EDITOR’S NOTE: The following is the fourth in a series of five articles from a piece written by Lynn Kronzek and commissioned by the City of West Hollywood that provides a snapshot circa 2000 of the city’s population of Jews from the former Soviet Union. It is illustrated with photographs taken in West Hollywood by Steven Gold, a professor in the Department of Sociology at Michigan State University. Note that some of those mentioned have died or otherwise moved on.
Helen Levin is Executive Director of the Russian Community Center, which offers information and referral, advocacy (intervention on behalf of clients), translation, and a host of problem-solving services. When asked about the rapid exodus out of West Hollywood, Levin replied: “It was correct, but nowadays we’re seeing more people staying– more and more families with children.” West Hollywood recently has succumbed to “vacancy decontrol,” as Dennis explains, which allows the landlord to raise rents to full market rate once longstanding tenants depart. At the same time, interest rates are rising, rendering homeownership out of reach, even for many middle-income families who have no real estate equity to leverage. Affordable rental units thus appear extremely valuable, and residents may well be clinging to them for longer periods of time.
The West Hollywood needs assessment also revealed a multigenerational factor, not surprising given the requirements of current immigration law. A total of 52 people from the FSU completed the survey, admittedly a small sample. Fifty-eight percent were over 55 years old. As indicated in yesterday’s article however, of the five services deemed most important to those sampled, three focused on children and youth.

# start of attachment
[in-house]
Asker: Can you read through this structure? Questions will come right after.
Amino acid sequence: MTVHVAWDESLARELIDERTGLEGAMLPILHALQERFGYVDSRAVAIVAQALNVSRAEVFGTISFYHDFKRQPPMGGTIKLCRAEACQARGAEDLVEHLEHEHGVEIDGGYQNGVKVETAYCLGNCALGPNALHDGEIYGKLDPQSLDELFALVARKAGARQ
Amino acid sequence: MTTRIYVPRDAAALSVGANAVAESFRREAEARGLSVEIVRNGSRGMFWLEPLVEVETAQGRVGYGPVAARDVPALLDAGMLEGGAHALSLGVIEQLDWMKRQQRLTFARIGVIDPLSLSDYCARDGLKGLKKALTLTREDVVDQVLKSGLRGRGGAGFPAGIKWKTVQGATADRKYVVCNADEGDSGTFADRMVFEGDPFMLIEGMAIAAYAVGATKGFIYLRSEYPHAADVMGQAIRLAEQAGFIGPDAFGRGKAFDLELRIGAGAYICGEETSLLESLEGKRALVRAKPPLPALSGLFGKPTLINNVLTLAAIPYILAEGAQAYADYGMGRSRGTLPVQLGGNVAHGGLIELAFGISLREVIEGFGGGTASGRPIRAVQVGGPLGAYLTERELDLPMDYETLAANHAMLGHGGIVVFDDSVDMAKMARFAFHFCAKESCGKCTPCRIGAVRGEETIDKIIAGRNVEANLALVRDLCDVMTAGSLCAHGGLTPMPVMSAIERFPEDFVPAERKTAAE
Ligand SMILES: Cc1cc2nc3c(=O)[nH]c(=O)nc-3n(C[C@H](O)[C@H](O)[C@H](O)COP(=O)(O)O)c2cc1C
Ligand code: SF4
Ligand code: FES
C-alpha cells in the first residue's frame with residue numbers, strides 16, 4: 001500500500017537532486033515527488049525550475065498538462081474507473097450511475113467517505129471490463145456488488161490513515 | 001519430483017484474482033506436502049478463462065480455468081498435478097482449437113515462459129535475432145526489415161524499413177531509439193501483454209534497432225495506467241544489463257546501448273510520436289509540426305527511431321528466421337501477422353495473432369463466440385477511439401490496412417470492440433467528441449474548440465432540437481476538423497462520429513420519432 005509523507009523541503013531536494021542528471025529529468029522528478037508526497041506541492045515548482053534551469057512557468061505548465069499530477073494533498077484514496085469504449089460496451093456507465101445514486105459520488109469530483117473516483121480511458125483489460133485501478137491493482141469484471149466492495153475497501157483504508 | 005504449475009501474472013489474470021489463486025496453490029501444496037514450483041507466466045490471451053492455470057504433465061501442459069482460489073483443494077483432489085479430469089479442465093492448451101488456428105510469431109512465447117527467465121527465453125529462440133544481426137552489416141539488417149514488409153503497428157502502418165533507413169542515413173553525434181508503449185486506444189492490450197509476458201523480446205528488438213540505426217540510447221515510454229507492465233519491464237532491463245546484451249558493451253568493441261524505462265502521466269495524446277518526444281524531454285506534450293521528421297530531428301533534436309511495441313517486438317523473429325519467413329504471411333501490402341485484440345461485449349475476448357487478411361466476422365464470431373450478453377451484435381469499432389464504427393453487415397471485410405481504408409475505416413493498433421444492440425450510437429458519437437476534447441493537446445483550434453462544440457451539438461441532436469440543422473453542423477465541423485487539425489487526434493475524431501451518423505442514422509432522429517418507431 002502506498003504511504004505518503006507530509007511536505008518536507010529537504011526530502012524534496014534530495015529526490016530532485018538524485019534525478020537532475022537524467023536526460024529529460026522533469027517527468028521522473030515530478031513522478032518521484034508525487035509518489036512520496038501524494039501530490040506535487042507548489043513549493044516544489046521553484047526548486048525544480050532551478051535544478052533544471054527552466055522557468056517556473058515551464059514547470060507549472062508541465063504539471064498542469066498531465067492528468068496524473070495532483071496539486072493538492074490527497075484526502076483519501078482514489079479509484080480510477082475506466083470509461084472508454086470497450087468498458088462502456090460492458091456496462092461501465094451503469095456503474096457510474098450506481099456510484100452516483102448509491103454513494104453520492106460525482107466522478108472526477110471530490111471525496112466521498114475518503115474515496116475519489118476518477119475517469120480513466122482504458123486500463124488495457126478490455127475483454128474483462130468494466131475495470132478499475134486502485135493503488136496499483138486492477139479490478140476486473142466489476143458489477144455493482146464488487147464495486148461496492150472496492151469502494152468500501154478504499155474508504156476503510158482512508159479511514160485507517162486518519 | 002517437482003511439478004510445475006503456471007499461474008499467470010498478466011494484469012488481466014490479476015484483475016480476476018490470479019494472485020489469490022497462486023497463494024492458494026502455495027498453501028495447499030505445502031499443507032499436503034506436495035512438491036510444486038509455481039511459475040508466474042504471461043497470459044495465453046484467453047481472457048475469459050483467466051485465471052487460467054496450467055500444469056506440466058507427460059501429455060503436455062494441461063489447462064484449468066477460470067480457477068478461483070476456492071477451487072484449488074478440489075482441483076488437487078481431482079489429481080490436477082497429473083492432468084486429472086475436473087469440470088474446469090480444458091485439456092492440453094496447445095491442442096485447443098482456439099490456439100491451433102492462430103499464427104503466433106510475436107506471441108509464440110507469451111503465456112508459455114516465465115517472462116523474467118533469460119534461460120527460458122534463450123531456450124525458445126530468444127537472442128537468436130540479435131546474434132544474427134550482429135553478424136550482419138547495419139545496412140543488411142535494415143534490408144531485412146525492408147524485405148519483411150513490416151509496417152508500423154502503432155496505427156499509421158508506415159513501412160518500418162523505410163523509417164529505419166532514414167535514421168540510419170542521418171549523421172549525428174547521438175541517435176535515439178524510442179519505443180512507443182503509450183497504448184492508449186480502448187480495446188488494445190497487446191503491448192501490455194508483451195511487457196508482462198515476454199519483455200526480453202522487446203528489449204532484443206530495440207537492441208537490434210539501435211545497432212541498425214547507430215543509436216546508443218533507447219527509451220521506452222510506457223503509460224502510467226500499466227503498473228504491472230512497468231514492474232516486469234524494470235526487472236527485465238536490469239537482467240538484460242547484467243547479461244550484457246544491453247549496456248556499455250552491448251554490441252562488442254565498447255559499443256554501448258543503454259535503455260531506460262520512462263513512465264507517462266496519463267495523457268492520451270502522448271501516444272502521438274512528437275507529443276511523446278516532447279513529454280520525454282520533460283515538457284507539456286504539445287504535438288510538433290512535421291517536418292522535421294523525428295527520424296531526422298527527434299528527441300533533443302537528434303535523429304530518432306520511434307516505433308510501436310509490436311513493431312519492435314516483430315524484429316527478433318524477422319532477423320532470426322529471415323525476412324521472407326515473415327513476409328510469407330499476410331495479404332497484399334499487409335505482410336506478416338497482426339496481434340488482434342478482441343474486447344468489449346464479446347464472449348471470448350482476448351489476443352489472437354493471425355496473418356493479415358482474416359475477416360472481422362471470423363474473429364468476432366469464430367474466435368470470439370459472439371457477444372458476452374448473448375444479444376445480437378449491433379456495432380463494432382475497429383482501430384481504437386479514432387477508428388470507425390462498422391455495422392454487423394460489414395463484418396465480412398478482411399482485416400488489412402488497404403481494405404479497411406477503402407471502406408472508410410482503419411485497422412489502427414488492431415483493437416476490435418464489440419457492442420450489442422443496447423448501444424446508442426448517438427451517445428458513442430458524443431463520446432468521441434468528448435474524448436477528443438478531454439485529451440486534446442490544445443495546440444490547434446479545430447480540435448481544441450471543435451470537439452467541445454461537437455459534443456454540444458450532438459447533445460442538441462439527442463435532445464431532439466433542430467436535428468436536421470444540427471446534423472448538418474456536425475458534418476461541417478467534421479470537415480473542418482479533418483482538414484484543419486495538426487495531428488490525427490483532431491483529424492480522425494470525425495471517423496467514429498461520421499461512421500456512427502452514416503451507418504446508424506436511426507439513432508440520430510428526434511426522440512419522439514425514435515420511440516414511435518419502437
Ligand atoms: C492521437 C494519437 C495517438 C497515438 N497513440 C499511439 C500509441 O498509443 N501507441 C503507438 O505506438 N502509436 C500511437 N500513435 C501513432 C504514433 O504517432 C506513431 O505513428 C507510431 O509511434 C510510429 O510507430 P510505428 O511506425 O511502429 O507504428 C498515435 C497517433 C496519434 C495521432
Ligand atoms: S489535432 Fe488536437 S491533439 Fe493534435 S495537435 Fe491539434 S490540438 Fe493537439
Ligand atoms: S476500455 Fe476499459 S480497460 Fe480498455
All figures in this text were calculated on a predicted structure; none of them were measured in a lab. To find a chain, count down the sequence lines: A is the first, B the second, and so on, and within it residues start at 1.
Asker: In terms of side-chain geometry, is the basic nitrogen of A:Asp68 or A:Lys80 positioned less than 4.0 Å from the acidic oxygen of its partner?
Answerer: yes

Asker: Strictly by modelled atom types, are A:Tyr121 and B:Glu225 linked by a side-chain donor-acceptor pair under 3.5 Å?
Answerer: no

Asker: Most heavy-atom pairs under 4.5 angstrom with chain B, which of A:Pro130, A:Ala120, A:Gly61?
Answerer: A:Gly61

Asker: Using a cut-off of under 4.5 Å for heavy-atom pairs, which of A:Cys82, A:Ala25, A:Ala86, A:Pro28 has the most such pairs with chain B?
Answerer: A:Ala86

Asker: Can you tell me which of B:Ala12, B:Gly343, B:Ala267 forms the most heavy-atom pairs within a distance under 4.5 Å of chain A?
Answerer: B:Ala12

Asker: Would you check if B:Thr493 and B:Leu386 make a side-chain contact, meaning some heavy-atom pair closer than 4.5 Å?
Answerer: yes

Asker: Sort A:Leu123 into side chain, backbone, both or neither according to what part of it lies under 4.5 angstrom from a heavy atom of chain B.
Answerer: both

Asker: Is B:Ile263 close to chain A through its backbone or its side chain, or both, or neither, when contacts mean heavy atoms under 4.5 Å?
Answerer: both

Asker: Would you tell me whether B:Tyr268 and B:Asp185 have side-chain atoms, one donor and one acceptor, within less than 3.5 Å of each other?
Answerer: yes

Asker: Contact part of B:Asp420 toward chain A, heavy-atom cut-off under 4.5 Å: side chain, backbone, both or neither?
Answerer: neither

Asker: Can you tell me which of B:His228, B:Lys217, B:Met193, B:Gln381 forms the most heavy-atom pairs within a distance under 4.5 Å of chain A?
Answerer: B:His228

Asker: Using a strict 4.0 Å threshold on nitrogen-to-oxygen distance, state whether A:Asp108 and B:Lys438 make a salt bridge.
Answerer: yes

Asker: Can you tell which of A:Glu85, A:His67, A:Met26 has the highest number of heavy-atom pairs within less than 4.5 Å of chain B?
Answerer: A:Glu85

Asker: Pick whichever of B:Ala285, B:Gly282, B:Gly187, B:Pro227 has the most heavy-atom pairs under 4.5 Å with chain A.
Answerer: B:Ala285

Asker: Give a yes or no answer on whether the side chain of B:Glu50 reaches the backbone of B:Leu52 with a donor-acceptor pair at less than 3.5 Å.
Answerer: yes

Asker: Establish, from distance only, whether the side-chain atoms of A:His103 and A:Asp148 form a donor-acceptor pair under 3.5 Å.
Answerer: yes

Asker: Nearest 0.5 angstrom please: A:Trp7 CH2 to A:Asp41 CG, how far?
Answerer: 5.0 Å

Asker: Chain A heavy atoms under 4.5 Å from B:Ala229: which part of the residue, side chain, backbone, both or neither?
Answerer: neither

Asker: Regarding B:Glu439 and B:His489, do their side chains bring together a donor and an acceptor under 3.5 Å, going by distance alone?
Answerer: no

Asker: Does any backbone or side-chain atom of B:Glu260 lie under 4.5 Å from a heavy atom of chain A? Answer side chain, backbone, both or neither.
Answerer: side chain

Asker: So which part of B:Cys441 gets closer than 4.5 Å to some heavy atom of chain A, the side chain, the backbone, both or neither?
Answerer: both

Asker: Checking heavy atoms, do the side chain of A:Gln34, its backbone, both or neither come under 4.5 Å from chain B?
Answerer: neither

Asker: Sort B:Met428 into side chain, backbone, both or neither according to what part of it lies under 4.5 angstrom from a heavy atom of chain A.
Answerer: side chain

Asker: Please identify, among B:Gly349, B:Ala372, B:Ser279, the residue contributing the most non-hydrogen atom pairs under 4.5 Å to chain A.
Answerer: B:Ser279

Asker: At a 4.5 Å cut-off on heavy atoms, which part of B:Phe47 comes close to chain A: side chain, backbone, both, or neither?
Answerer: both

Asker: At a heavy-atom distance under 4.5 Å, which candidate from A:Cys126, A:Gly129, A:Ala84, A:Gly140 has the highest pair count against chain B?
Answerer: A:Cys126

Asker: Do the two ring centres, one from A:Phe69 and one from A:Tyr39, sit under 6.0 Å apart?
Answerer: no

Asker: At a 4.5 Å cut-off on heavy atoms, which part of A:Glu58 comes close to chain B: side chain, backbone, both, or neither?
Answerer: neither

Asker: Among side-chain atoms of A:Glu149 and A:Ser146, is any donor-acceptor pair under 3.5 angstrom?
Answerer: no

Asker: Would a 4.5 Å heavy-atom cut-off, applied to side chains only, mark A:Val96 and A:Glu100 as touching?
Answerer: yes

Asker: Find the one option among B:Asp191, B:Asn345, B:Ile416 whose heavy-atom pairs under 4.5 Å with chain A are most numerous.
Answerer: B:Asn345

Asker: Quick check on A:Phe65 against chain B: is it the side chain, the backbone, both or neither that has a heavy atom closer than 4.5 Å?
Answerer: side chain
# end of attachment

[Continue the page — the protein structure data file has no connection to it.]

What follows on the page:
The grassroots are swaying more toward the young. The Russian Community Center is part of the Children’s Roundtable, a coalition of organizations that deals with issues affecting at-risk youth. Both child care and teen programs also can be found within close proximity to the community’s nucleus, Plummer Park. And following my visit to Chabad, Rabbi Naftali Estulin drove me past a building on Fairfax Avenue that would house an informal after-sschool drop-in center for adolescents.
Whatever the demographics — and contrary to earlier reports — Jews from the FSU uniformly expressed gratitude for West Hollywood’s attention to their concerns. “The community is very happy to be in West Hollywood,” comments Helen Levin. Among examples of helpful and “most important, extremely friendly” service, Levin’s constituents cite the Sheriffs bicycle patrol, a form of community policing that mingles easily with local pedestrian traffic. Yefim Stolyarskiy, the World War II veterans’ activist, even waxed enthusiastic about health services. A visiting military officer from Russia told him that the ordinary citizen here receives far better care than the top brass there.
According to Si Frumkin, the city treats Jews from the FSU “exceptionally well. No other Southern California community has been as sympathetic.” As evidence, he concludes, “The only monument to victims of Babi Yar stands in West Hollywood.”
Ethnicity, Religion, and a New Cultural Identity
Strapped for so long with an unfavorable “national identity” (Judaism), but numbed from expressing any positive aspect of their heritage, the immigrants from the FSU have entered the United States at what appears to be the greatest awakening of this nation’s cultural pluralism. The shuls (synagogues) located within West Hollywood’s boundaries each cater to a very definable population. Hollywood Temple Beth EI, an established Conservative congregation that foundered during the late 1990s, recently was purchased– and revived– by the Persian community. Some worshipers broke off from Beth Chayim Chadashim (the first lesbian/gay/bisexual/transgender, or LGBT, congregation in the nation, founded over 25 years ago) to form Kol Ami. Chabad is the city’s “Russian” shul. Unlike the other congregations, however, it was created for the members, not by them.